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Empowering Education with Generosity

“My parents didn’t come from money,” Annah said. “Education was important to them. They just didn’t have the means to pay for it.”

Empowering Education with Generosity

Annah Bravo felt limited her first few years as a college student. She had no scholarships and only enough in student loans to cover 12 credits per semester. That left her unable to enroll in electives or participate in additional academic opportunities that come, for example, with being a member of the urban or global educators cohort programs in the College of Education.

She didn’t have much extra time, either. For Annah, the oldest of four children, pursuing her dream of becoming a teacher at Michigan State University required juggling two jobs along with coursework throughout her entire college career. She had already spent her high school years working and finding scholarships—forgoing sports and other activities—to help her family pay for the benefits of learning at a high-quality parochial school.

“My parents didn’t come from money,” Annah said. “Education was important to them. They just didn’t have the means to pay for it.”

Despite her challenges, Annah has thrived at MSU. She found creative ways to keep progressing toward her degree without breaking the bank, such as taking a few courses at a community college and obtaining loans for summer courses. She maintained an outstanding grade-point average and became president of a campus-wide student group focused on fighting cancer.

Empowered by generosity

However, Annah’s worries about money never disappeared, especially after her mother had to quit her full-time job because of health reasons. Only when Annah began receiving scholarships funded by philanthropic gifts to the College of Education did the financial pressure begin to lift.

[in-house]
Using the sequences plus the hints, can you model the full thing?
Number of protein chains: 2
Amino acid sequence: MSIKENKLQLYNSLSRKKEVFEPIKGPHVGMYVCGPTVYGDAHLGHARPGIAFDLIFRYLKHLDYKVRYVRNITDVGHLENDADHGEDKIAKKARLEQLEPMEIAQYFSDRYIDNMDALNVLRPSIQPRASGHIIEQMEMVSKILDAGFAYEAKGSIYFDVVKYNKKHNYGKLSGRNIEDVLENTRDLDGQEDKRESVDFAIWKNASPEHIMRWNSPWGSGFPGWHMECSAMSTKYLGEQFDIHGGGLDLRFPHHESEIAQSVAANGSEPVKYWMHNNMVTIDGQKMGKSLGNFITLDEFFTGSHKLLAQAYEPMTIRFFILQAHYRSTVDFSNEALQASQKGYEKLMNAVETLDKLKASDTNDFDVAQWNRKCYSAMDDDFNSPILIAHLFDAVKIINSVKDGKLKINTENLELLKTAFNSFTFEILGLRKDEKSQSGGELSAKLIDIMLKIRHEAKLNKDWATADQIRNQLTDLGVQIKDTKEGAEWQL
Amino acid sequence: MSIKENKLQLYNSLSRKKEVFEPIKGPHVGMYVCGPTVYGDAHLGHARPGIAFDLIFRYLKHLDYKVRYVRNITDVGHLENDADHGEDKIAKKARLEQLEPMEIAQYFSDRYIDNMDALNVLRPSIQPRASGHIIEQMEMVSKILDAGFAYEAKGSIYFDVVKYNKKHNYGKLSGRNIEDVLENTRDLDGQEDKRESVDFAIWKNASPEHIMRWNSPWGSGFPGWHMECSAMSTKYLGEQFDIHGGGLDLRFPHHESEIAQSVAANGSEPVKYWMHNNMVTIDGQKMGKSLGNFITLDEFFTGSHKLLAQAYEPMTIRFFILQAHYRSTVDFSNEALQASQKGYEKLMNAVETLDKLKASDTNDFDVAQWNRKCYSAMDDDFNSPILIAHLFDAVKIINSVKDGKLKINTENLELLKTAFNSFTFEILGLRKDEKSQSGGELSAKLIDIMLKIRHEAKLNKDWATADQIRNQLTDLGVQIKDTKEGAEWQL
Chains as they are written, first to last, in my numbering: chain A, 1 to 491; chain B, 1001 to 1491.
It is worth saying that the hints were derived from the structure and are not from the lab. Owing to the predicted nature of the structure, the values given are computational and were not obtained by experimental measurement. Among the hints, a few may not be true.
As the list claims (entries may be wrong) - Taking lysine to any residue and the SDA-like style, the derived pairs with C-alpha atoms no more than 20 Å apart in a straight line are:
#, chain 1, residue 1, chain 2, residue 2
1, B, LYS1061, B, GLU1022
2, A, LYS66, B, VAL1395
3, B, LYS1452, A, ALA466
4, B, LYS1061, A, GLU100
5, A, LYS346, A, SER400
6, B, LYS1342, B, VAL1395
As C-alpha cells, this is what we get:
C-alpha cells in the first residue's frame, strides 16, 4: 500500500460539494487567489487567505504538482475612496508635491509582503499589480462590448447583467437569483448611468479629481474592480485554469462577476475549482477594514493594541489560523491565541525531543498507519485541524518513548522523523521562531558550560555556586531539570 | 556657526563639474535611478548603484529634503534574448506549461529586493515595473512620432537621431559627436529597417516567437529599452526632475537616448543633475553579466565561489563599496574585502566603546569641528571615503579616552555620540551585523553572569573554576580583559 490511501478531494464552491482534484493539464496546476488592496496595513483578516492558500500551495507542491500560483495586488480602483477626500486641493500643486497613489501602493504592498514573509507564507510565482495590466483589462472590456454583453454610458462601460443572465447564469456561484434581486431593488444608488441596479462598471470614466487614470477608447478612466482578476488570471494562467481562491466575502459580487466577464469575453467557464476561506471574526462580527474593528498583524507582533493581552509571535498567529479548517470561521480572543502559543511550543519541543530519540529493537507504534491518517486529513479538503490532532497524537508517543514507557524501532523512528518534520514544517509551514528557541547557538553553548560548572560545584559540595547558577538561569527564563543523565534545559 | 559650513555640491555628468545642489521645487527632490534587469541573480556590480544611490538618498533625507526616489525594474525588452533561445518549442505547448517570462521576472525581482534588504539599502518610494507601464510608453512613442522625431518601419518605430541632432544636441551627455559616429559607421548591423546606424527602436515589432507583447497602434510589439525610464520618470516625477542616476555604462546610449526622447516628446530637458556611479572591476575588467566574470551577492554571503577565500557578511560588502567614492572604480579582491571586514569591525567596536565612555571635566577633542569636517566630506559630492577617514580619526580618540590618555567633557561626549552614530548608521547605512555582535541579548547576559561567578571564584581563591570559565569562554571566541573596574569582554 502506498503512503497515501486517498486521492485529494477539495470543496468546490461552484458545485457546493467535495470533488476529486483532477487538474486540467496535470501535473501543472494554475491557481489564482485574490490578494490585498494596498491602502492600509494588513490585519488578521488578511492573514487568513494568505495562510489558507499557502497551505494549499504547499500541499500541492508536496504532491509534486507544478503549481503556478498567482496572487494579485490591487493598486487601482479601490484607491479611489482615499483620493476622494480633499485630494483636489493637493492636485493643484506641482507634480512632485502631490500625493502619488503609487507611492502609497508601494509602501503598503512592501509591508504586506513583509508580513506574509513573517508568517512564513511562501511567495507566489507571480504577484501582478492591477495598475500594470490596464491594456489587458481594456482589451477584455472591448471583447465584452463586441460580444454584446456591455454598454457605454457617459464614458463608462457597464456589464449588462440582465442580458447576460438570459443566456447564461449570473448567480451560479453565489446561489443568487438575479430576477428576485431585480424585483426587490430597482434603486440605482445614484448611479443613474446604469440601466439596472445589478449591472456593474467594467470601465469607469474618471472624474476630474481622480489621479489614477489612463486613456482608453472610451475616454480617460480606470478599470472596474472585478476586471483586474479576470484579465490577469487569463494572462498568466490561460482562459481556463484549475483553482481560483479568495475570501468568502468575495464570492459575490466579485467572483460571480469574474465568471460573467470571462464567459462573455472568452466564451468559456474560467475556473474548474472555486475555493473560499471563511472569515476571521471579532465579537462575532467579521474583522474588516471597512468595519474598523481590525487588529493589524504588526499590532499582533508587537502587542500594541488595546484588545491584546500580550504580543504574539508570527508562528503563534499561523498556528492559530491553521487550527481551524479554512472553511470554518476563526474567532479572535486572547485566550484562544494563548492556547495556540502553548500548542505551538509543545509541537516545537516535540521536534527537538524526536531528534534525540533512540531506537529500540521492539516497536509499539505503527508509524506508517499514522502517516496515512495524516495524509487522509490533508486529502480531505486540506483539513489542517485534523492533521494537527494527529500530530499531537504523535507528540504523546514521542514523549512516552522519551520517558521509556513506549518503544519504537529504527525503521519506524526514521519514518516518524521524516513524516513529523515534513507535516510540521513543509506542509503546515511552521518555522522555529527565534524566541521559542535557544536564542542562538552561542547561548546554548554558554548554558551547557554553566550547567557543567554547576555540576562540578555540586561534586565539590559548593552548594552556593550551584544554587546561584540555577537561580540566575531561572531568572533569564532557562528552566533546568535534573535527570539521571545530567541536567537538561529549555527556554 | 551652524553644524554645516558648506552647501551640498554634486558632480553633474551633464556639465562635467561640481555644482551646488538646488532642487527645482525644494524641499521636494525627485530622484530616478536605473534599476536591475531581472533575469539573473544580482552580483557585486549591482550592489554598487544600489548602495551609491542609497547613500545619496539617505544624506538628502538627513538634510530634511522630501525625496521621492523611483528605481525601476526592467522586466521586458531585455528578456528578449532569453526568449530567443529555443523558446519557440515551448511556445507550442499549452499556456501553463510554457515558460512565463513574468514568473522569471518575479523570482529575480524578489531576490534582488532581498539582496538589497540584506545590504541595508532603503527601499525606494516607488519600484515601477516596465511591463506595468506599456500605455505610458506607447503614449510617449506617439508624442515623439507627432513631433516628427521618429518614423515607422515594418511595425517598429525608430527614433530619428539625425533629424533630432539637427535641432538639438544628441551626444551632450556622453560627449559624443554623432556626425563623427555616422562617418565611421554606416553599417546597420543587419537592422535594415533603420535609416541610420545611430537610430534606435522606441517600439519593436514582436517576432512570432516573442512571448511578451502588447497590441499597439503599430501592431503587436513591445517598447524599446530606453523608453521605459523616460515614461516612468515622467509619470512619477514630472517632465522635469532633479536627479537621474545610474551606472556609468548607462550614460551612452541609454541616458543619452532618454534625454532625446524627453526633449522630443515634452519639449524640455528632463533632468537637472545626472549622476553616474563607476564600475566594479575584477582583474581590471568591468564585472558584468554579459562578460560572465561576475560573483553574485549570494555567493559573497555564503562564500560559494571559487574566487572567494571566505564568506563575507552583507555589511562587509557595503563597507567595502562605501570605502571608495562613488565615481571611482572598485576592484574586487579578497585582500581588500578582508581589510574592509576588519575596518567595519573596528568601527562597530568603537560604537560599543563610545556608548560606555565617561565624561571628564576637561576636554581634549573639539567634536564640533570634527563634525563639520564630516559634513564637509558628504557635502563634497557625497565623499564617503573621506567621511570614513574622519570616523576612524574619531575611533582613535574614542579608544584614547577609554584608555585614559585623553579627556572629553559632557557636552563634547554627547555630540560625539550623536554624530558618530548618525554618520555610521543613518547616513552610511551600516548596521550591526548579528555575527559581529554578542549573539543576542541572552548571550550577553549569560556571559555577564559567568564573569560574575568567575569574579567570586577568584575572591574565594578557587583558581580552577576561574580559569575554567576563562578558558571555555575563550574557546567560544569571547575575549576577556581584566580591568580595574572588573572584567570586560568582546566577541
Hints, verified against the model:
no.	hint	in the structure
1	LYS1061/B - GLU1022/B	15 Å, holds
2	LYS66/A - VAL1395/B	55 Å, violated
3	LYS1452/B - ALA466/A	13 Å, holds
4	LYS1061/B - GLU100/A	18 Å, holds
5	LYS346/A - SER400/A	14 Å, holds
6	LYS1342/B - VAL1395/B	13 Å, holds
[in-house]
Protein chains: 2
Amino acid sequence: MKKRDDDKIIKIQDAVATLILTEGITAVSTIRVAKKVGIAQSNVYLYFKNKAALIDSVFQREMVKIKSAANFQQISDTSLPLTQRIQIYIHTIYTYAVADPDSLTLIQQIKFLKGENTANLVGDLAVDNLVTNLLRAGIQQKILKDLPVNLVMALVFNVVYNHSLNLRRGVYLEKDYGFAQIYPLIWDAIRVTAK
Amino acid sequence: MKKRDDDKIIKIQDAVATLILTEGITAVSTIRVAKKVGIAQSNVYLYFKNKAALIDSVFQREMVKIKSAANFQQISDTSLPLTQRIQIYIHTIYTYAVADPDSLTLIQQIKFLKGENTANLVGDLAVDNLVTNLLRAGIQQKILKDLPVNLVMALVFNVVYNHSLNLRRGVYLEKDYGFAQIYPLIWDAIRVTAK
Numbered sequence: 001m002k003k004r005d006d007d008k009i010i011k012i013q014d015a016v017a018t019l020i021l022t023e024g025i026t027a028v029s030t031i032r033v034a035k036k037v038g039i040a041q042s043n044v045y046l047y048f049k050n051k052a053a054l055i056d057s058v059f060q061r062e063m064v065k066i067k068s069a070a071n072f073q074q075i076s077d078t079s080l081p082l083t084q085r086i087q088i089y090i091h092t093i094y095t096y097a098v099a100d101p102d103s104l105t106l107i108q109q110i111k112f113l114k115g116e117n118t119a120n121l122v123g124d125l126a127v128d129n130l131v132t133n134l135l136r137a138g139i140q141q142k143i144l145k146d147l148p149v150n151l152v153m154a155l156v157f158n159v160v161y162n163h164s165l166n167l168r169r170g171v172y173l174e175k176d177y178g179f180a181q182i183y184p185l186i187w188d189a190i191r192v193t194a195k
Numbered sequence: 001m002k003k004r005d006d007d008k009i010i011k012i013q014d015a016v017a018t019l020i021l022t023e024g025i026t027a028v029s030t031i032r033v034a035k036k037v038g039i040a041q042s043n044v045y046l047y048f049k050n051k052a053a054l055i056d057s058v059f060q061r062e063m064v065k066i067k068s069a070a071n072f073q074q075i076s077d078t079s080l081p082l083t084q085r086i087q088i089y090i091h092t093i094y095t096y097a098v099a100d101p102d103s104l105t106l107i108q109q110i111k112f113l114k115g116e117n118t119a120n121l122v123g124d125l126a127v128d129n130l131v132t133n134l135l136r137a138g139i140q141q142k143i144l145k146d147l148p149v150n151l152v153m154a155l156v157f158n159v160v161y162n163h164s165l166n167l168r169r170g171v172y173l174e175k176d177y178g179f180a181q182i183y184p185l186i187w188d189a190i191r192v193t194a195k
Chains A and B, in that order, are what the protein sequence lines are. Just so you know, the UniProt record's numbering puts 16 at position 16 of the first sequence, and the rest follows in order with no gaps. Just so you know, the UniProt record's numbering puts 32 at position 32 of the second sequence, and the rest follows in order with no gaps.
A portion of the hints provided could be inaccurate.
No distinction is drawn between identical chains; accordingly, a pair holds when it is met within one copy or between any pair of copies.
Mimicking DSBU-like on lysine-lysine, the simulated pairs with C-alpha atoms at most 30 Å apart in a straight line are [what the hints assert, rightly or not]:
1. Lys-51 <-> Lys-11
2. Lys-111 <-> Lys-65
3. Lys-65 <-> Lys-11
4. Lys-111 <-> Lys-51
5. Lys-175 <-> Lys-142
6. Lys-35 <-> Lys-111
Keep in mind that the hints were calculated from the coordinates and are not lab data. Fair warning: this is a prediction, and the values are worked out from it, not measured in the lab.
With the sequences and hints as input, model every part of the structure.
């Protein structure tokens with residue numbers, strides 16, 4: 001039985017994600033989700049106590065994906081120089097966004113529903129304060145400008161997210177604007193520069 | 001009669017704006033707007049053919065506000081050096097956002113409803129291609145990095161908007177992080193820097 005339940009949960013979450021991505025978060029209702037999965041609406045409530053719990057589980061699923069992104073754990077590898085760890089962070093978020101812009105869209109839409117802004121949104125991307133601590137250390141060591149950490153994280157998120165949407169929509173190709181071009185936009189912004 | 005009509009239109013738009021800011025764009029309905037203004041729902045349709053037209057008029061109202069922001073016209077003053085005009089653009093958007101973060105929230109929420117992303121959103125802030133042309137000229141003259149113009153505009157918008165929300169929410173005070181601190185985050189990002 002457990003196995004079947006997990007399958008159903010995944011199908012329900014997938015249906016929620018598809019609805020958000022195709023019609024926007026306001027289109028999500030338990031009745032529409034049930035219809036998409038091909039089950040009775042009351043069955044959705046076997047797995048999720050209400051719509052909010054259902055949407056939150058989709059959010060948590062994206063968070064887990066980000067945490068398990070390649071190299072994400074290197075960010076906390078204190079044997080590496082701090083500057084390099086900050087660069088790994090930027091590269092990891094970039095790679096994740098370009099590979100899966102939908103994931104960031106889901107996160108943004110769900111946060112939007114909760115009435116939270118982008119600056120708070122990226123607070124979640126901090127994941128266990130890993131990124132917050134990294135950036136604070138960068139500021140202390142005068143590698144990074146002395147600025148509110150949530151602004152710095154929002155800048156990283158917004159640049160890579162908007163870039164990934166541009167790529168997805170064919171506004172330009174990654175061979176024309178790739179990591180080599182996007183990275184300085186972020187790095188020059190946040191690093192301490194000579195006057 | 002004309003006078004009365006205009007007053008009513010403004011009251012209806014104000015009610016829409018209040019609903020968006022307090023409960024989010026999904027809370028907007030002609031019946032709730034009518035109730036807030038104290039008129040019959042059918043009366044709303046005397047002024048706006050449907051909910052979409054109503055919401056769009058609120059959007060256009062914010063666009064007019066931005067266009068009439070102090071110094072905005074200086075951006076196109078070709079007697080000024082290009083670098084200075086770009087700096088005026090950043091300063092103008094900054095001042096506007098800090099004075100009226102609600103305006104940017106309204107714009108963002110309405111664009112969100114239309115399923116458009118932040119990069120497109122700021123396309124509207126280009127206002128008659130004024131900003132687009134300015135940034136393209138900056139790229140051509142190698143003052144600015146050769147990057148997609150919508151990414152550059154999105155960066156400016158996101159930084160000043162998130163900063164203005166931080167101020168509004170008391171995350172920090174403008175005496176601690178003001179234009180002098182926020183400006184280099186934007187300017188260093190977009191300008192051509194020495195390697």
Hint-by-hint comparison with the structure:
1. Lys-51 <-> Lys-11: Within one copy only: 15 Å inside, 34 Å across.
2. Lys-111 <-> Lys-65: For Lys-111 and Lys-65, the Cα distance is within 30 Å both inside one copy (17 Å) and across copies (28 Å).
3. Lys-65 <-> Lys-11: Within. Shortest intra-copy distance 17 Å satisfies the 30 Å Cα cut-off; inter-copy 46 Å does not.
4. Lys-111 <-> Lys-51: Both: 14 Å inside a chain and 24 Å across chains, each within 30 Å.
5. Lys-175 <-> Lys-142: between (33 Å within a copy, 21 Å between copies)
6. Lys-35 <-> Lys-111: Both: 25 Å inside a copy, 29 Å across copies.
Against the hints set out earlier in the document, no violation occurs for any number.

As a senior, Annah earned the Hazen J. and Margaret S. Wilson Endowed Scholarship for future K-8 teachers who demonstrate they can achieve their goals and have high moral values. Then going into her full-year teaching internship—when Spartan teachers are often willing to take on further debt knowing they will come out especially well prepared—Annah received the greatest level of support so far.

“This year, the two scholarships I received added up to almost $10,000,” she said. “That’s a HUGE impact because I’m not as stressed about having to work so much on top of the demands of the internship. I’m relieved because I still have a small loan, but I’m not going to have a large amount to pay.”

Her current awards include the College of Education Alumni Association’s scholarship specifically for teaching interns and the John M. Mason Scholarship in Science Education for teachers with a particular interest in science, Annah’s teaching major.

She no longer feels limited. She feels empowered.

Annah is forming strong relationships with third-graders in her mentor teacher’s classroom at Donelson Hills Elementary School in Waterford, Mich. She is getting closer to taking the lead in her own classroom. And she is ready to give back—to thank the generous individuals who supported her education by creating an outstanding education for her future students.

After years of personal sacrifice, she says, “Words cannot express how grateful I am for the financial help.”

An Engine of Opportunity: Support students

Today it is imperative to attract top talent to the education and health professions. Most students come to the College of Education because of their passion for teaching or promoting physical activity and human development, but the cost of higher education and the prospect of debt are growing obstacles. Those who come to us with the desire and ability to succeed, but who may be dissuaded by a lack of financial means, should be provided the same opportunities students from wealthier families.

Seeking a career in teaching can be especially daunting; the average starting salary for teachers in Michigan is $35,901. Considering the average debt is $23,725, it can make for a challenging start to this noble profession. Unlike most of their peers, students in the Spartan teacher preparation program also spend an entire academic year as teaching interns in schools. This makes a profound impact on their comparative success as full-time teachers. However, the combination of debt and paying for an additional year can present a formidable barrier.

Endowed scholarships and fellowships will ensure that we continue to attract the most qualified and diverse body of both undergraduate and graduate students. In addition, support for expenses such as internships, study abroad and research will allow more of our students to experience the full range of what MSU—and the world—has to offer.